Getting Your Ideas on Paper: Using Croquis to Design Your Historical Gowns

Proper measurements and proportions are important not only for sewing, but creating a flattering design. If you are not a pattern size 10 (the base size from which most pattern companies grade up or down), how can you be sure you’ll look as good in the dress as the model on the cover? On top of that, if you want to make changes to the base design of a pattern, how can you be sure it will look okay?

Many costumers are generally creative people. I know so many who like to draw and paint as much as they like to sew! Putting a design to paper first can help refine a design before you choose fabric or start cutting patterns. To help distill the abstract design elements in our heads into a more concrete design, many costumers draw fashion illustrations of their dream gowns– called by their French name “Croquis” (sketch/sketches) like these:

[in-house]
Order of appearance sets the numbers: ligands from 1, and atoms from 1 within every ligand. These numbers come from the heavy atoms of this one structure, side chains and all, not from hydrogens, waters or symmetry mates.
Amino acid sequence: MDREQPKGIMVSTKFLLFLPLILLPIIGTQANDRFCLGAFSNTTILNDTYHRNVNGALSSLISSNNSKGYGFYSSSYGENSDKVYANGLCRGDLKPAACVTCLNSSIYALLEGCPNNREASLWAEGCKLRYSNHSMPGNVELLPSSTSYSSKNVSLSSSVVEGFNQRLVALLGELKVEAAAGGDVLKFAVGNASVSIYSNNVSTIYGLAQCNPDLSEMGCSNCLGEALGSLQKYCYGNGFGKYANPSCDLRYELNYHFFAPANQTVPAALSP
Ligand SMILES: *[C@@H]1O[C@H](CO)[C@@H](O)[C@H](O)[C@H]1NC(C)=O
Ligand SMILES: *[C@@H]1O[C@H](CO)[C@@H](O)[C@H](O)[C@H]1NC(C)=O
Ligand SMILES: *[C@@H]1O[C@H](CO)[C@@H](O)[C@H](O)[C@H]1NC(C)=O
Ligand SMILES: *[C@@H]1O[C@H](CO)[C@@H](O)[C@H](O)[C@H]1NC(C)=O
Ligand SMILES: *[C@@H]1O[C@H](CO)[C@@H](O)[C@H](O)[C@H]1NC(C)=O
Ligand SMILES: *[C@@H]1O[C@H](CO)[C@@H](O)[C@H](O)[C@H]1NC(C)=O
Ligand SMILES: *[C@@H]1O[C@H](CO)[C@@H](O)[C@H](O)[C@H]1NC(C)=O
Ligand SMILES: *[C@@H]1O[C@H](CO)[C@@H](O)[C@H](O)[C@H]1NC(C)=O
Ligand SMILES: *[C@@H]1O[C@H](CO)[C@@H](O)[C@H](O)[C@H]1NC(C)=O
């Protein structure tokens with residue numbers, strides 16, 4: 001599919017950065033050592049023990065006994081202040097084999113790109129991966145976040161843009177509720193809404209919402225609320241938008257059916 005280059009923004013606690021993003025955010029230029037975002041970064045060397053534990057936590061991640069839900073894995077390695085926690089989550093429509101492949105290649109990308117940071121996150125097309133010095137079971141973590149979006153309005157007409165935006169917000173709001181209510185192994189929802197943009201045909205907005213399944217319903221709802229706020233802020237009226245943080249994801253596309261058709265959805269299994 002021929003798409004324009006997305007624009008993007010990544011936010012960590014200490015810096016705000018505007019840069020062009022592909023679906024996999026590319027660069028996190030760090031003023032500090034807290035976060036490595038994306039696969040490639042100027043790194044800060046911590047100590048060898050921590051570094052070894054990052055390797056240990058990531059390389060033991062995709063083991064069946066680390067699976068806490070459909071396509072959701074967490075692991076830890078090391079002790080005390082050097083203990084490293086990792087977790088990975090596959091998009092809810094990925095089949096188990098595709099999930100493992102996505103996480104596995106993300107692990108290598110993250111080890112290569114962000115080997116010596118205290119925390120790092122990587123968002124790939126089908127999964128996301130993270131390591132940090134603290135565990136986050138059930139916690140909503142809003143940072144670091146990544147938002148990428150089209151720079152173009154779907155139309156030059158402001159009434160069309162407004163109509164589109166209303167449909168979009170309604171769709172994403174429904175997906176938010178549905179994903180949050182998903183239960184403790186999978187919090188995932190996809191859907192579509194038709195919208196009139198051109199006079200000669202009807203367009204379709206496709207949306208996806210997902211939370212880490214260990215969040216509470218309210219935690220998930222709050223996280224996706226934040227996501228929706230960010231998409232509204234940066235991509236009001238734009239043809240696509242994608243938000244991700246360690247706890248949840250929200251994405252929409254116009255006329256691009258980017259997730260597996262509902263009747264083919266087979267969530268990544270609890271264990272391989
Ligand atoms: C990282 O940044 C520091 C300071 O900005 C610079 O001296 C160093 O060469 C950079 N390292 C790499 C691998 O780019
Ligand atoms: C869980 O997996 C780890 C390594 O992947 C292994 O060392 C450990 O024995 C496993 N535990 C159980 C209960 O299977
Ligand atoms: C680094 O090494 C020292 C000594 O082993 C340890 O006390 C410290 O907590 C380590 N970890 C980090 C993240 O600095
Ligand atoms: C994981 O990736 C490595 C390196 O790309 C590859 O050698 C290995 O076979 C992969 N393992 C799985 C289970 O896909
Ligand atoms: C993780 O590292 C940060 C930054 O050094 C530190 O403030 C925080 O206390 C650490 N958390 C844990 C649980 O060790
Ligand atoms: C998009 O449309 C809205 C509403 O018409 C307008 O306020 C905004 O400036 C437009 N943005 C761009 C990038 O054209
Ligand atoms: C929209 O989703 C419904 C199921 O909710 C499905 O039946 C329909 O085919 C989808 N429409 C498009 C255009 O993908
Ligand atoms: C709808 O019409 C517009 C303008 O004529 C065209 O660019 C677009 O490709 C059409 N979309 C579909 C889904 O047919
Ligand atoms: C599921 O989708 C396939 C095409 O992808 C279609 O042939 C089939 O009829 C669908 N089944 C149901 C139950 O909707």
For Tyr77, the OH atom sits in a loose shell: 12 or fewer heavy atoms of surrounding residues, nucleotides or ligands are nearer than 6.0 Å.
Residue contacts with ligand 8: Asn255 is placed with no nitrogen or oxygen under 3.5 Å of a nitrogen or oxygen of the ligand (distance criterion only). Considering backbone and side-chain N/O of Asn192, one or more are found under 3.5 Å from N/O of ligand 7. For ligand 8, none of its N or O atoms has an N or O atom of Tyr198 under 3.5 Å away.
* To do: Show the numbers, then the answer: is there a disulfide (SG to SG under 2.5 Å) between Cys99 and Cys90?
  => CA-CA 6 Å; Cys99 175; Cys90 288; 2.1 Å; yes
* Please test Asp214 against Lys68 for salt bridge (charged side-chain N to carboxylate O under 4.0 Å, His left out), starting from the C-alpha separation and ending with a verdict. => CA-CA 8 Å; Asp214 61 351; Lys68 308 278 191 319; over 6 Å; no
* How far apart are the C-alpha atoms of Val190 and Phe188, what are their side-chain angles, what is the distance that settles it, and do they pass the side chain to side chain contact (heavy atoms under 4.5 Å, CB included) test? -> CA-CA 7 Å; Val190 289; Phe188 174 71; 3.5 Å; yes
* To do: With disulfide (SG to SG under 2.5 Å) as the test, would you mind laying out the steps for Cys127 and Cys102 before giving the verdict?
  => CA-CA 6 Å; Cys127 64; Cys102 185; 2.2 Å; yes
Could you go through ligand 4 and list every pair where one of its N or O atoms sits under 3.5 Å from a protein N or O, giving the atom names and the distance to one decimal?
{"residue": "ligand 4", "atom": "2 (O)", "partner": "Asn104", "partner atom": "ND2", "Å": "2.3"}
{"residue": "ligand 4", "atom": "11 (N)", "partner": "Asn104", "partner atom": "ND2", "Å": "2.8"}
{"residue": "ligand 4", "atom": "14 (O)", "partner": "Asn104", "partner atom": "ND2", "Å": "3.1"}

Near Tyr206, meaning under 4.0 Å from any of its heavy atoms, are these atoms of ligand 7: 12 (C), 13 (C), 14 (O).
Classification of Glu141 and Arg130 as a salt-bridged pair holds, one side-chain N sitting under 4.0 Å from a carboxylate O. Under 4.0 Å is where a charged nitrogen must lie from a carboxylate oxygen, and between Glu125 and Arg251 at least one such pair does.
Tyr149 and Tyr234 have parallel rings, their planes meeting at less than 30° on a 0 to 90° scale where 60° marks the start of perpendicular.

Oscar de la Renta, 2014

Valentino, 2013-14

You’ll notice, though, that the figures in these couture drawings don’t exactly look like anyone you’ve ever met. The average human is approximately 7.5 “heads” tall. A high-fashion croquis on the other hand, is generally drawn 9 or more heads tall, with the extra length added to the legs and neck, elongating the figure:

If you assume the figure on the left with average human proportions is 5 feet tall, each “head” is about 8 inches tall. That gives the left figure an inseam of 32 inches (4 heads), total leg length from the hip of aprox. 36 inches (4.5 heads). The fashion figure on the right is 6 feet tall with a 44 inch inseam (5.5 heads), total leg length from the hip of aprox. 48 inches (6 heads).